2013 is shaping up to be another busy year with a Chronicle definitely on the way, another exhibition to be staged at Laurie Tatnell’s museum at Taranna, competitions, quiz night, perhaps another bus trip as well as all the other loose ends to tie up.

The Society will update digital recording equipment to to facilitate the collection of more oral histories – these can be kept in digital audio form as well as being transcribed for use in future Chronicles as before.

It certainly has been a pleasure as well as a challenge to be part of such an indefatigable and dynamic Historical Society.

Well done and great team work!

Keith O’Hara
President

Innovations and Inventions Exhibition Summary

Two hundred and fifty visitors crowded into Premaydena’s Old CourtHouse over May 19 – 20 to view the Tasman Peninsula Historical Society’s Innovations & Inventions Exhibition, held to mark National Heritage Month and International Museum’s Day.

Fantastic weather, hand-delivered invitations to local farmers, and the little grey Fergie parked outside, undoubtedly contributed to the success of the event.

On display were innovations and inventions as diverse as the “Travelling Dairy” of the 1890s, which brought Peninsula farmers up to date with current advances in dairy hygiene; the inventions of Thomas Locke, including his stump-jump plough, contour plough, and “Locke Wire Strainer” patented in 1907, which revolutionised the fencing industry, Laurie Tatnell’s prize-winning waste-retrieval sieve for the Hydro, Wyn Westcott’s fish cage, now used by Tassal, Andrew Ponsonby’s chicken-poo spreader, and the plaster fruit models made by George Garnett which were shown Australian agricultural expos all over the world.
Knowledgeable locals presented short talks on inventions to which they have a personal connection. For example, Locke’s great-grandson, Dave MacDonald explained the science behind his own twenty-first century invention, the rubber horse-boots described by ABC’s Landline in 2001 as ‘running shoes for equine athletes’, which are now standard issue for the horses of the New York Metropolitan Police and the Royal Horseguards at Buckingham Palace.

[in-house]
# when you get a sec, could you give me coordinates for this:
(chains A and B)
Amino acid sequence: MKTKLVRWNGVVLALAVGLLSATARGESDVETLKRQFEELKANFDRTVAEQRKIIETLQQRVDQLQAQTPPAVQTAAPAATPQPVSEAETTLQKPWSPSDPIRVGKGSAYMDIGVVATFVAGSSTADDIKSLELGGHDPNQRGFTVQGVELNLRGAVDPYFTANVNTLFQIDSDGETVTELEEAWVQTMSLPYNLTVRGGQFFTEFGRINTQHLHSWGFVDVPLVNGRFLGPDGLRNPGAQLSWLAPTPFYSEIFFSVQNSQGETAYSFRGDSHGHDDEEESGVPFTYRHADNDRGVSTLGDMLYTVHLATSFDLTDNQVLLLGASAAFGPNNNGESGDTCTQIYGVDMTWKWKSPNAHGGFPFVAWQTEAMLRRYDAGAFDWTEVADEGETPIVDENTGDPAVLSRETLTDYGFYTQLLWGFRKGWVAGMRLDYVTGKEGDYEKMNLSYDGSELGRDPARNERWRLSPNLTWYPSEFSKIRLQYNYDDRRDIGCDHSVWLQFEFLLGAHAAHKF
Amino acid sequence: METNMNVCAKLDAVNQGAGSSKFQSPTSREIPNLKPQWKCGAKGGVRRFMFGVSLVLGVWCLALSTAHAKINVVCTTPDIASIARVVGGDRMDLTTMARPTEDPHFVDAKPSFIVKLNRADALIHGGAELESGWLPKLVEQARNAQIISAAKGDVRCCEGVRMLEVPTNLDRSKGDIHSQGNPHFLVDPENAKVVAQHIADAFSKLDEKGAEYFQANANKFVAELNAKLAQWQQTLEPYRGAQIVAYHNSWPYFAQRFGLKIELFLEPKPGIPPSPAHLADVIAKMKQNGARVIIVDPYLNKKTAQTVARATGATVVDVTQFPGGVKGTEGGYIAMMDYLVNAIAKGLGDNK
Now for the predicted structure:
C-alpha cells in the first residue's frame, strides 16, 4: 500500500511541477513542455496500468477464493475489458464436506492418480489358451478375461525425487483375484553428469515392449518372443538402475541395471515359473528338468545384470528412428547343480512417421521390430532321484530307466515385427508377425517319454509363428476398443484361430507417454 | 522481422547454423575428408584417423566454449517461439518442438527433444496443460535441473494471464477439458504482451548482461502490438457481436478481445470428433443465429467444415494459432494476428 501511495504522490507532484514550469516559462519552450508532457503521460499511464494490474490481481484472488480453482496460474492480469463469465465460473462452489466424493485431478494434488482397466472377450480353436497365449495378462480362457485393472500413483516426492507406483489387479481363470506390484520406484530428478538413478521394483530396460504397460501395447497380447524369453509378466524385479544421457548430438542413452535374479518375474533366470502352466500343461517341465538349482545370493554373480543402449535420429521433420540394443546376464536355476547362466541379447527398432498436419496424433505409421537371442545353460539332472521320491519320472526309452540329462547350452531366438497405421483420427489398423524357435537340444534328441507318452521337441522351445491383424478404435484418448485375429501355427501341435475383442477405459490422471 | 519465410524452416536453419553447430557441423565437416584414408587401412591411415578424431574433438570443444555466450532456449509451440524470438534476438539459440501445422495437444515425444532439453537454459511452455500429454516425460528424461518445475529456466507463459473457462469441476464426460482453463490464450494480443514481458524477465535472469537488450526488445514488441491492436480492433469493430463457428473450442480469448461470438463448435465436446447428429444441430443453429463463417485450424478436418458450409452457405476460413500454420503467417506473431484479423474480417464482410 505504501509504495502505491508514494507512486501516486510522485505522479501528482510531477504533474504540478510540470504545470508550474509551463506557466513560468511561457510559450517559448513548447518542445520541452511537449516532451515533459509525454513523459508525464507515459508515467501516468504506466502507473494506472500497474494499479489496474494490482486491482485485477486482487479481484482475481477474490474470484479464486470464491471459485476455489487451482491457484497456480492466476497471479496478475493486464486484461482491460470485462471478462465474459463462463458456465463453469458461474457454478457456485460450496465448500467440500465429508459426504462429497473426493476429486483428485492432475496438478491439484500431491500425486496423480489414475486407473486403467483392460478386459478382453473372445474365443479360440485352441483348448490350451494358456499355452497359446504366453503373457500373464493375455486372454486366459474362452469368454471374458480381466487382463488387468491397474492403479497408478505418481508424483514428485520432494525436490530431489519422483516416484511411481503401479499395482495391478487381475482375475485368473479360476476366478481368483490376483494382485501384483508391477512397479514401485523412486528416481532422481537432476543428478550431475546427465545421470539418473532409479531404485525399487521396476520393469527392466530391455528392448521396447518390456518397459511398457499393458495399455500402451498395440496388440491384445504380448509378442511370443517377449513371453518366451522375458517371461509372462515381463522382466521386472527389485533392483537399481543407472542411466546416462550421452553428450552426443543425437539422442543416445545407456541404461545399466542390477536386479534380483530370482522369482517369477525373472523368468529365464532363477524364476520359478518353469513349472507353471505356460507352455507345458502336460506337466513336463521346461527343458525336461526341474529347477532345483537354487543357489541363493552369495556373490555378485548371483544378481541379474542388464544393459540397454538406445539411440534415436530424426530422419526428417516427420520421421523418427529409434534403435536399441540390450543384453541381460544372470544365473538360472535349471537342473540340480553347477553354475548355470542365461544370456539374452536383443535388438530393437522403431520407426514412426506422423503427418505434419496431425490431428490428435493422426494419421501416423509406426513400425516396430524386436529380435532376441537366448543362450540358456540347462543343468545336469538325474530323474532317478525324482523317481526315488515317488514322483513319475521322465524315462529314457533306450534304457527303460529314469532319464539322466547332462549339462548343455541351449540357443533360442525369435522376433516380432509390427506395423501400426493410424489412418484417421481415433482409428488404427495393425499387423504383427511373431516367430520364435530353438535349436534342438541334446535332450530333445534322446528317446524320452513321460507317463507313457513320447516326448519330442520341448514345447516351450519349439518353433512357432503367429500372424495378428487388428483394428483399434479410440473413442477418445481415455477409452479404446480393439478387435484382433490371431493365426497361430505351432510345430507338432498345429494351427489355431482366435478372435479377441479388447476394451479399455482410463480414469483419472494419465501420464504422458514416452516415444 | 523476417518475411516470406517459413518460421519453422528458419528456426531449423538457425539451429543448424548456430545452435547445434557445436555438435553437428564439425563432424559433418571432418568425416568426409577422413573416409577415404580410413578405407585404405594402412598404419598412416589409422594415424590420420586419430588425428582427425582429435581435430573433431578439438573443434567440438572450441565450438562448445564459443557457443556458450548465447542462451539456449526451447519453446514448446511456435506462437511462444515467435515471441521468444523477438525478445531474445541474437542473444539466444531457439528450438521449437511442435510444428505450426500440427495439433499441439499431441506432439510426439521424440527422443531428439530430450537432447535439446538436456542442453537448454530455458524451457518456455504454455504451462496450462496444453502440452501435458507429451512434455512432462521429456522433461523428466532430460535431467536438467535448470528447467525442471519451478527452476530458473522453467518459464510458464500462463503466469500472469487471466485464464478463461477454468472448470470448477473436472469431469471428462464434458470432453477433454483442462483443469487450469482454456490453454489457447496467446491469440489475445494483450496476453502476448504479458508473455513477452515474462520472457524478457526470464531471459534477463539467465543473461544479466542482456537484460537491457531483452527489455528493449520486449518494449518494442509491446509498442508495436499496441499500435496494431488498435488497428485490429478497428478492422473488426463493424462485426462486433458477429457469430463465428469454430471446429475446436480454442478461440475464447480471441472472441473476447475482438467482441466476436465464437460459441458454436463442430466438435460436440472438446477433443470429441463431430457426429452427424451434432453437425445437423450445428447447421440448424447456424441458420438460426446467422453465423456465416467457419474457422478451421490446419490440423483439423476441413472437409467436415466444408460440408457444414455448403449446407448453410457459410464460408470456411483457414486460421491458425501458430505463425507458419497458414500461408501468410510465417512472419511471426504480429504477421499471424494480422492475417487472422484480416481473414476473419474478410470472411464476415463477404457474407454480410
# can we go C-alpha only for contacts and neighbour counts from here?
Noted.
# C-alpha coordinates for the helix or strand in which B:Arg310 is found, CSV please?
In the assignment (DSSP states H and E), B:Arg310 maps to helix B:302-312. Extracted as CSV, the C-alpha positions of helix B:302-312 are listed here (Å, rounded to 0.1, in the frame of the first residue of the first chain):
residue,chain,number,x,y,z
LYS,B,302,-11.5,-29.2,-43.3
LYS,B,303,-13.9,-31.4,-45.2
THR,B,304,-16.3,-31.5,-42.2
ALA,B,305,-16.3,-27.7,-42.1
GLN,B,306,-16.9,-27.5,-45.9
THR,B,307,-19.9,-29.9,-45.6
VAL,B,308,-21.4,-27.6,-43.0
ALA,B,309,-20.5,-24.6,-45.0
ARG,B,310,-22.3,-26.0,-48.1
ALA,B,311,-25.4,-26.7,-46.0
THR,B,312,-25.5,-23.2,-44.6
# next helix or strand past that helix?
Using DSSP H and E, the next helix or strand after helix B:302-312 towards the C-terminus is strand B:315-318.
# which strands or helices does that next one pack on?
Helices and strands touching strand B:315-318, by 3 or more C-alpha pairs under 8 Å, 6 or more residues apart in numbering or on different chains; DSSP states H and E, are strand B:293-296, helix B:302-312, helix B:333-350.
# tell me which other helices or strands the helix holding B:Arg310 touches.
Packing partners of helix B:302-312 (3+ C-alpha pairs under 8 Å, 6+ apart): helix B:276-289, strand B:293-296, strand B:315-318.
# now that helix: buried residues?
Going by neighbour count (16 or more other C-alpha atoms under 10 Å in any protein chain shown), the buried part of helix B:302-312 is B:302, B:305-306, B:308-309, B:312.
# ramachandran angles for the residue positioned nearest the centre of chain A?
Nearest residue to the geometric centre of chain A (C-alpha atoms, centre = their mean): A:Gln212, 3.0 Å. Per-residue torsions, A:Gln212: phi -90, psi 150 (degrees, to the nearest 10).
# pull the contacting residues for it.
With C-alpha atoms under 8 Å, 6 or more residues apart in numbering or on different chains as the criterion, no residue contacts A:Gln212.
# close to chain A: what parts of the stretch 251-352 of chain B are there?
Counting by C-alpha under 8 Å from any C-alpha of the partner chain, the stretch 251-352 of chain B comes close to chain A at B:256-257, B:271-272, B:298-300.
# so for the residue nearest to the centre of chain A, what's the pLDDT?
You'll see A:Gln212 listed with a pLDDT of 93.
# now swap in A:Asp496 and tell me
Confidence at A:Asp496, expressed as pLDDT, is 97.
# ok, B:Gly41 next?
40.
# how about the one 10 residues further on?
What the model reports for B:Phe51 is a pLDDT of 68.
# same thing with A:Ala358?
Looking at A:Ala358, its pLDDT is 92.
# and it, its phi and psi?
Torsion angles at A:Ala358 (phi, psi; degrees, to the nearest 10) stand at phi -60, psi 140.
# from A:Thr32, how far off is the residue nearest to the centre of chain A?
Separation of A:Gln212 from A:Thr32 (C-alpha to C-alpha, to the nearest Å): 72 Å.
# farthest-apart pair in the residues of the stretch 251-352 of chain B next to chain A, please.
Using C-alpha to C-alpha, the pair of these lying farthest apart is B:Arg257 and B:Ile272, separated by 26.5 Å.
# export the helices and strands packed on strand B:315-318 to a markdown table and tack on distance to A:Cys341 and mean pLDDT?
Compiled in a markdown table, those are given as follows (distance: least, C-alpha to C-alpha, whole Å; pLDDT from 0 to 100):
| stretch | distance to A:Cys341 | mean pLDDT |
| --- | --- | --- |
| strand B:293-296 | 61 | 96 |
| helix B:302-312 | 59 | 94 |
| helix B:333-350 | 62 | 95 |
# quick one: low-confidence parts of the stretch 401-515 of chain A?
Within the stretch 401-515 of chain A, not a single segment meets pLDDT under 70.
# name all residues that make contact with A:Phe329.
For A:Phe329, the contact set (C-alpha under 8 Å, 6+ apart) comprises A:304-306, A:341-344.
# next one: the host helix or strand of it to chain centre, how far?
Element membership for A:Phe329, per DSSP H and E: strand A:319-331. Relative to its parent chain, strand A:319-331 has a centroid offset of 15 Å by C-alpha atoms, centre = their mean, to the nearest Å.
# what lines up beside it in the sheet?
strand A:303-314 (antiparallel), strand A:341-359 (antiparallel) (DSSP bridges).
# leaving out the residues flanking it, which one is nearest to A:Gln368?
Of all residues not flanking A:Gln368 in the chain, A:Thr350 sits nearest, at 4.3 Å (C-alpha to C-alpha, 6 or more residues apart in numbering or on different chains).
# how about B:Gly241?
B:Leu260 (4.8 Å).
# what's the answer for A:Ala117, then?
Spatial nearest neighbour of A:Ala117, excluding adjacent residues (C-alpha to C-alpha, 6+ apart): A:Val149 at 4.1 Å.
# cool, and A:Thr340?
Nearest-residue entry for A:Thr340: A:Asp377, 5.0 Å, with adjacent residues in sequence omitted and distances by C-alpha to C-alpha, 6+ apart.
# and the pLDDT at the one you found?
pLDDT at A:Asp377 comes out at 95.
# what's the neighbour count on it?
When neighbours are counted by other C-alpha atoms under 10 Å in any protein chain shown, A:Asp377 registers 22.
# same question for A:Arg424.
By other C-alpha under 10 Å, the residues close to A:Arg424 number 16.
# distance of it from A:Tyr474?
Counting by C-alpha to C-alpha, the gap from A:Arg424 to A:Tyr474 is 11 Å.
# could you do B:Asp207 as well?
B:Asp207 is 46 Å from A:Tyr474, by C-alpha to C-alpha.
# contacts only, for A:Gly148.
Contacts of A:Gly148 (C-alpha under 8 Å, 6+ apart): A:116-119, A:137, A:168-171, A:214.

It also celebrated some remarkable women: Mrs. Tom Jenkins, of Premaydena, whose energy made her a role model for rural women in the 1940s. According to a Hobart Mercury article of 1944, this ‘Home Industrialist’, was a ‘crack shot’, who got quail and other birds with her gun; ‘trumpeter, flathead, cod, conger eel and perch’ with her net in a ‘motorised dinghy’, and had a garden and ‘seed house’ so extensive and well thought-out that she could put ‘three vegetables on the table for 306 days in the year’.
Last, but not least, the exhibition honoured Dorothy Hallam, the first ABC camerawoman, who, with a camera recommended by Neil Davis, shot documentary films of rural life on the Peninsula. 

Visitors were treated to tours of the Old Police Residence by James Parker, and talks by locals about Peninsula innovators from the 1890s to the present day, with the awarding of prizes provided by Tassal to the Peninsula’s New Inventors.

First prize in the Kinder - Y6 category was won by a 10 year-old boy who invented a roof smoke sensor, while first prize in the Secondary School-age category went to a fourteen year old boy who made and demonstrated a collapsible bow from sections of plastic pipe. First prize in the Adult section was awarded to the inventor of the CarryPallet, a light, strong, durable and hygenic plastic pallet handsome enough to grace a showroom floor, with, as runner up, the ‘Septic Rose’, a carbon filter to cap household unwanted odors.

Something of the flavour of the exhibition is captured in the following photos, and in Chris Wisbey’s interviews, which were aired in his weekend ABC program on Sundays.

Lys Ford – Secretary